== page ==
- A Primer On Real Estate Tax Complaints
- May 1, 2003 | Author: Thomas J. Coyne
- Law Firm: Thompson Hine LLP - Cleveland Office
If you represent owners of real estate in Ohio, take note that real estate tax valuation complaints are due on March 31. Representing a property owner on tax complaints is a tricky business. Below are a few basic points to keep in mind.
The taxation of Ohio real property is governed by Title 57 of the Ohio Revised Code (the "Code"). Chapter 5715 of the Code, entitled "Boards of Revision; Equalization of Assessments," outlines the tax complaint process. Specifically, Section 5715.19, "Practice and Procedure," sets forth the complaint procedure. Also, Chapter 5713, entitled "Assessing Real Estate," describes pertinent valuation provisions. Here are some key provisions of these chapters.
The auditor of each county in Ohio is required to appraise the taxable value of real estate in accordance with prescribed methods of valuation. A reappraisal is required each six years (the "sexennial reappraisal").
Counties also customarily effect an interim adjustment of assessed valuation each third year (the "interim update"). The counties of Ohio are not on a uniform time schedule for making adjustments, so you will need to check the adjustment year for each county separately. The 2000 calendar year is a sexennial reappraisal year for about 19 of Ohio's 88 counties. There will be sexennial reappraisals for the tax year 2001 in about 11 counties.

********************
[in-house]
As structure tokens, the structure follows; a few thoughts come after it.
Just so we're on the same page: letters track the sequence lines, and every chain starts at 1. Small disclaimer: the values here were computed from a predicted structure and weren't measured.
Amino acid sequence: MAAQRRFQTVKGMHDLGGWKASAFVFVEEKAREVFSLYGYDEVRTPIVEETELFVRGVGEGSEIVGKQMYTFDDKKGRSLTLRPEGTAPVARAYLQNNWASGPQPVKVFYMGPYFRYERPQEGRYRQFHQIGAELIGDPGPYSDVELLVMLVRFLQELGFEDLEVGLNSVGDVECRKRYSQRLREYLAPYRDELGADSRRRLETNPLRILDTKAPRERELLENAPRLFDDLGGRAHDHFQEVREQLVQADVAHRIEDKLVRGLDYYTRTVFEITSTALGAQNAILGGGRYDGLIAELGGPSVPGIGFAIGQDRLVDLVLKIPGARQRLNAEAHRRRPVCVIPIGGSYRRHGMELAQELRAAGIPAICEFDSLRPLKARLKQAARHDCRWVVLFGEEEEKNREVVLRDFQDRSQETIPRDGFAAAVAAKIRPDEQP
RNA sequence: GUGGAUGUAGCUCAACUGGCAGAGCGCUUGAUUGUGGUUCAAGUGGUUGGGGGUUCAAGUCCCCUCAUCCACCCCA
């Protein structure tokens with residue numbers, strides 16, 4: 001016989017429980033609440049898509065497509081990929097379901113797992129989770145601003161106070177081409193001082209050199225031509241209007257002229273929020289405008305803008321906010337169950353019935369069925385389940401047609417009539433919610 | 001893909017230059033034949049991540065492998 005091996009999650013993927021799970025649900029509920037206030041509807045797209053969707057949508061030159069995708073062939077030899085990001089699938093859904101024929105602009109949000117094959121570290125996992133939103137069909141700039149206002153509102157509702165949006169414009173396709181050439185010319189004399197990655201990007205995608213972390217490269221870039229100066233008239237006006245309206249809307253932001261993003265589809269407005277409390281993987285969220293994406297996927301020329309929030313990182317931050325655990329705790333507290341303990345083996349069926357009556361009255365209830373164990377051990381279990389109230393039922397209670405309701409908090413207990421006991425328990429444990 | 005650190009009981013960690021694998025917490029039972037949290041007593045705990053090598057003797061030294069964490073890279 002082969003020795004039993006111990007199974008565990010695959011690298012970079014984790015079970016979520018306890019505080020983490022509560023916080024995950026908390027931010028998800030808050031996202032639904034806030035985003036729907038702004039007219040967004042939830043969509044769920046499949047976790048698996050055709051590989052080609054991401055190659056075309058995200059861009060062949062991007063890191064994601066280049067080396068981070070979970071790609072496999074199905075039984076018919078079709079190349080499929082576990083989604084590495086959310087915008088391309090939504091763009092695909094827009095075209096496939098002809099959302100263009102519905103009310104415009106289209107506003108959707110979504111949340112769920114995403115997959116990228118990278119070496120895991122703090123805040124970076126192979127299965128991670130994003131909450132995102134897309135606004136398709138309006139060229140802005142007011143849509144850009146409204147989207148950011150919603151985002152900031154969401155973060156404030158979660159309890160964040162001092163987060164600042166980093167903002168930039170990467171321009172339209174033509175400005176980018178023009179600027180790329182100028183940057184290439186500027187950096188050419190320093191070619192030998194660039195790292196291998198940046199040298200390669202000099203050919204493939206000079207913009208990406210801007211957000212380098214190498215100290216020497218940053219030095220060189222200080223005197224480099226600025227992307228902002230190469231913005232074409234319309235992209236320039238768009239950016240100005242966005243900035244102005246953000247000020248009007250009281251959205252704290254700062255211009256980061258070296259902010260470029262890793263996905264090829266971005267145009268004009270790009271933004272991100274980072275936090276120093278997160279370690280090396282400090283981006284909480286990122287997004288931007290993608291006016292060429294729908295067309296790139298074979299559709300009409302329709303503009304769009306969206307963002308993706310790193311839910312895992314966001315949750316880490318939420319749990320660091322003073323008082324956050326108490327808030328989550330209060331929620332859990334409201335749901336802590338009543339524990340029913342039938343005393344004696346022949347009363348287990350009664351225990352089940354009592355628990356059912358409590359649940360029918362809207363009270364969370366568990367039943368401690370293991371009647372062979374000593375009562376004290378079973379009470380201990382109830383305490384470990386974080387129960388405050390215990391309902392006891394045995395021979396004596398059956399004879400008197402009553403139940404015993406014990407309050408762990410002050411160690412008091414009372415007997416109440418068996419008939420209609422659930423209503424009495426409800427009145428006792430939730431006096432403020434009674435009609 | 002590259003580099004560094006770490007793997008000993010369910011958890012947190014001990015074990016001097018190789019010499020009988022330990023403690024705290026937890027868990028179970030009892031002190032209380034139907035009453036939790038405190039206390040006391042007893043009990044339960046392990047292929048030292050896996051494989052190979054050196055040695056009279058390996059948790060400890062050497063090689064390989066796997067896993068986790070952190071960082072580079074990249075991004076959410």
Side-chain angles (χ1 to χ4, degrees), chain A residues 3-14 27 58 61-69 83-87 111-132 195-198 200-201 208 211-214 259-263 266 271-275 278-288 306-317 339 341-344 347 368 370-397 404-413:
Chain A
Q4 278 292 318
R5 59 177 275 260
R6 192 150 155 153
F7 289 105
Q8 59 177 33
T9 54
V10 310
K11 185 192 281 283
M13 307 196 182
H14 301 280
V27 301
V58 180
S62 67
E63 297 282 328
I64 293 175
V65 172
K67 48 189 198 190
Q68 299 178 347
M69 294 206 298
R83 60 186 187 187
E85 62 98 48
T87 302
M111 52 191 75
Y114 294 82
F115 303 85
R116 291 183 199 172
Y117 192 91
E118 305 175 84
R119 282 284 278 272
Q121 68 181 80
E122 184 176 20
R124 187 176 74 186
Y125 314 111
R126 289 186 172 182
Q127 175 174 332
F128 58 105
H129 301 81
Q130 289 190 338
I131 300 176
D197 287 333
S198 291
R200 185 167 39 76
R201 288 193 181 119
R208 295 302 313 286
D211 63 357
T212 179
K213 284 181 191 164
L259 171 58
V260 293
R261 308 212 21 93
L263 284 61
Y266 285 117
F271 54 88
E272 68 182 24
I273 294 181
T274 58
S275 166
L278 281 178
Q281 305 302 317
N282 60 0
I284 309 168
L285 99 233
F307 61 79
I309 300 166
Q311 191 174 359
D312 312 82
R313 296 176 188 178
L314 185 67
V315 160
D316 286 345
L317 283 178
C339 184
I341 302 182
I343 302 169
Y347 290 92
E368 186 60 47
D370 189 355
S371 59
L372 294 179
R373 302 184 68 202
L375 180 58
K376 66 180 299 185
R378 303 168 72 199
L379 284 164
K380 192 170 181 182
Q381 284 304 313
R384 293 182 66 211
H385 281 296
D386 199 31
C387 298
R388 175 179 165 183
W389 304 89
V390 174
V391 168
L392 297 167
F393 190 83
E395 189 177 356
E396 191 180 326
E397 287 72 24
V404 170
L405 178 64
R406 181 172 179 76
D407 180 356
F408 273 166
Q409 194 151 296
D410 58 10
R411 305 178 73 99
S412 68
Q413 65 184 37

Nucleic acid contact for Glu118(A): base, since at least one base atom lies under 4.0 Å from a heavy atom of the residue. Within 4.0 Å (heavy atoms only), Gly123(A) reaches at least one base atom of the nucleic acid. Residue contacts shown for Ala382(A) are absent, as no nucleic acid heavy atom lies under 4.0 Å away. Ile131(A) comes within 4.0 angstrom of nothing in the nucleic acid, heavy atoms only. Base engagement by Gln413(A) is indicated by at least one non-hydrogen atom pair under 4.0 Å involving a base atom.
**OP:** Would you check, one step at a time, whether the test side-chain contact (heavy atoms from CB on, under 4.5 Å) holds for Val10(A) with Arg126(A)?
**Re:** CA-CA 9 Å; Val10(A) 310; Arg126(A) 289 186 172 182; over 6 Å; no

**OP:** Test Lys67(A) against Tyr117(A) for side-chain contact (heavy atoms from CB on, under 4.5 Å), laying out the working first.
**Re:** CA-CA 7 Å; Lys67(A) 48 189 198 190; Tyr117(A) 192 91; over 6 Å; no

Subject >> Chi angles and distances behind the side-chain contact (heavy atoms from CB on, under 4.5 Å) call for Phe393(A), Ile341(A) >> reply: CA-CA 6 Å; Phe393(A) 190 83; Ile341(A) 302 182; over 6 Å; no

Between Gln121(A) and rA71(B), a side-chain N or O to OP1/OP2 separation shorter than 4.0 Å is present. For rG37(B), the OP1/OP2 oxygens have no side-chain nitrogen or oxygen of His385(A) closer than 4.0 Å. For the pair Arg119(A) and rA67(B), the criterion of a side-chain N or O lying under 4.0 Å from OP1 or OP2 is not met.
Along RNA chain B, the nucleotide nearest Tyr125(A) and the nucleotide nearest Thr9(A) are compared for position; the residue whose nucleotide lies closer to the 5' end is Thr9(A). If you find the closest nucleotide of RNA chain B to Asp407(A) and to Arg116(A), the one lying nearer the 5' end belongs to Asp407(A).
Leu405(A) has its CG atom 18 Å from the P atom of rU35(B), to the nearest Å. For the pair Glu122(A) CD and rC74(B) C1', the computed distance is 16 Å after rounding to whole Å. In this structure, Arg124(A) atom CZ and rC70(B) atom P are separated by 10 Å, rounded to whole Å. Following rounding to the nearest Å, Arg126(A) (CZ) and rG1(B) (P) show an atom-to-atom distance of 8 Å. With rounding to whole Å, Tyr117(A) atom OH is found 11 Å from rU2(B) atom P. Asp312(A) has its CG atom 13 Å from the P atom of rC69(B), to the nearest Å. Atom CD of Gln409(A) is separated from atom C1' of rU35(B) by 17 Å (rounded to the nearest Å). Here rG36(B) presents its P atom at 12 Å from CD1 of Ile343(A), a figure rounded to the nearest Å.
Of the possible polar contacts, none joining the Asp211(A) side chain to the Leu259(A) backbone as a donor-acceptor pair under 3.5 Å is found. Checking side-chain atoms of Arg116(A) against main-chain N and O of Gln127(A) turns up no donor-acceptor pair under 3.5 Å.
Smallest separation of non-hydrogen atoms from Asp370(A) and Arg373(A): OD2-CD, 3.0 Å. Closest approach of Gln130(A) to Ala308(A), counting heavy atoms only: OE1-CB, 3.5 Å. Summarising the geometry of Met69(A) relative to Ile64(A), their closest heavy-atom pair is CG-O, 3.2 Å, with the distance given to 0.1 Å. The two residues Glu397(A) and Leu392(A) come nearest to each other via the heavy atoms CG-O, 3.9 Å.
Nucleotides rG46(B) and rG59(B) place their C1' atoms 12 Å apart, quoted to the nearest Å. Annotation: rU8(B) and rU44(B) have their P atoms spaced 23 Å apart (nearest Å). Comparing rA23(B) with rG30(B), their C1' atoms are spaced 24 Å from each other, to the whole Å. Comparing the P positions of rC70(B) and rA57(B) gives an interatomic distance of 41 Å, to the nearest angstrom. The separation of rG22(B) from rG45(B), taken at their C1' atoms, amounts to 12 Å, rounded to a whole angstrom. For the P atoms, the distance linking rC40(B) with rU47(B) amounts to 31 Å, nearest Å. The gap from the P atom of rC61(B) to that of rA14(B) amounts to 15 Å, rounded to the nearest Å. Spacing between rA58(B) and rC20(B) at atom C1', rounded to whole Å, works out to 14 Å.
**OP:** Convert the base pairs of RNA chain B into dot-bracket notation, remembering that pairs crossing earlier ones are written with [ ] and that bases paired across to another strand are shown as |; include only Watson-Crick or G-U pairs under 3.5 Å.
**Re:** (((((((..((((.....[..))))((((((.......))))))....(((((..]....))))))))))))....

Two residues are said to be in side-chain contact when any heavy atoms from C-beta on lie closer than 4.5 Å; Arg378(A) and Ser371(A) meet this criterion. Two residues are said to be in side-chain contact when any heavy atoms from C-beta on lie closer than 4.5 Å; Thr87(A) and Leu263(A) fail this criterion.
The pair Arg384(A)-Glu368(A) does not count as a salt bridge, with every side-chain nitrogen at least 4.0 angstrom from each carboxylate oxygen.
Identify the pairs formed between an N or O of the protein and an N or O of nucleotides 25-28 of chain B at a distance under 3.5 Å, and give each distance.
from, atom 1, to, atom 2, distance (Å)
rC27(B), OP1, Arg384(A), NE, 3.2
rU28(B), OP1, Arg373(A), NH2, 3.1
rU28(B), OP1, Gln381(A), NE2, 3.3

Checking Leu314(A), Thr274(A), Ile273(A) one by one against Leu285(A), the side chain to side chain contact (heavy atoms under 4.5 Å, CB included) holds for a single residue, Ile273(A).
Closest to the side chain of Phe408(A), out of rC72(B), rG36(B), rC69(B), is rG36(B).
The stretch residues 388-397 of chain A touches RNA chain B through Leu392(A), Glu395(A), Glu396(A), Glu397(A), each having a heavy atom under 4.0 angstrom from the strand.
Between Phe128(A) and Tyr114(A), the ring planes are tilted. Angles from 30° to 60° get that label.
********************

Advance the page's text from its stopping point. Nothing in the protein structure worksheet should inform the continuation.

A complaint may be filed only one time in each interim period (subject to a few exceptions), so it is wise to file the complaint in the first adjustment year.
An additional complaint may be filed on behalf of an owner in the same interim period to reduce the valuation if (a) the property is sold at a lower price in an arm's length transaction, (b) the property loses value by casualty or (c) there has been a substantial economic impact on the property caused by a decline in occupancy of at least 15 percent. The determination for a tax year will generally carry forward until the next adjustment, subject to increases based on new improvements.
A complaint filed by March 31, 2001, will relate to the tax year 2000, and the assessed valuation for the tax year 2000 is determined on the tax lien date of Jan. 1, 2000. Keep in mind that taxes in Ohio are due six months in arrears of the expiration of the taxing period.
If a complaint for a tax year is not determined within the time period prescribed, the complaint shall be continued as a valid complaint for any ensuing year until the original complaint is finally determined.
Property tax rates are applied to the assessed value of real property. Assessed valuation is equal to 35 percent of what the county auditor believes is the true fair market value of the property. The calculation of fair market value can be determined by dividing the assessed valuation by 35 percent.
Valuation methods are determined by the tax commissioner, but the Code expressly provides that if property is sold in an arm's length transaction within a reasonable length of time either before or after the tax lien date, the auditor shall consider the sales price as the true value for tax purposes, subject to changes based on new improvements or casualty. The Code provides that forced sales - such as sales at auction - shall not be taken as a criterion of value.
Preparing The Complaint
Preparing a real estate tax complaint may appear to be a simple task. It is, however, fraught with risk and great care should be taken in its preparation. The slightest jurisdictional error could result in a dismissal of a complaint. Here are a few comments and pitfalls.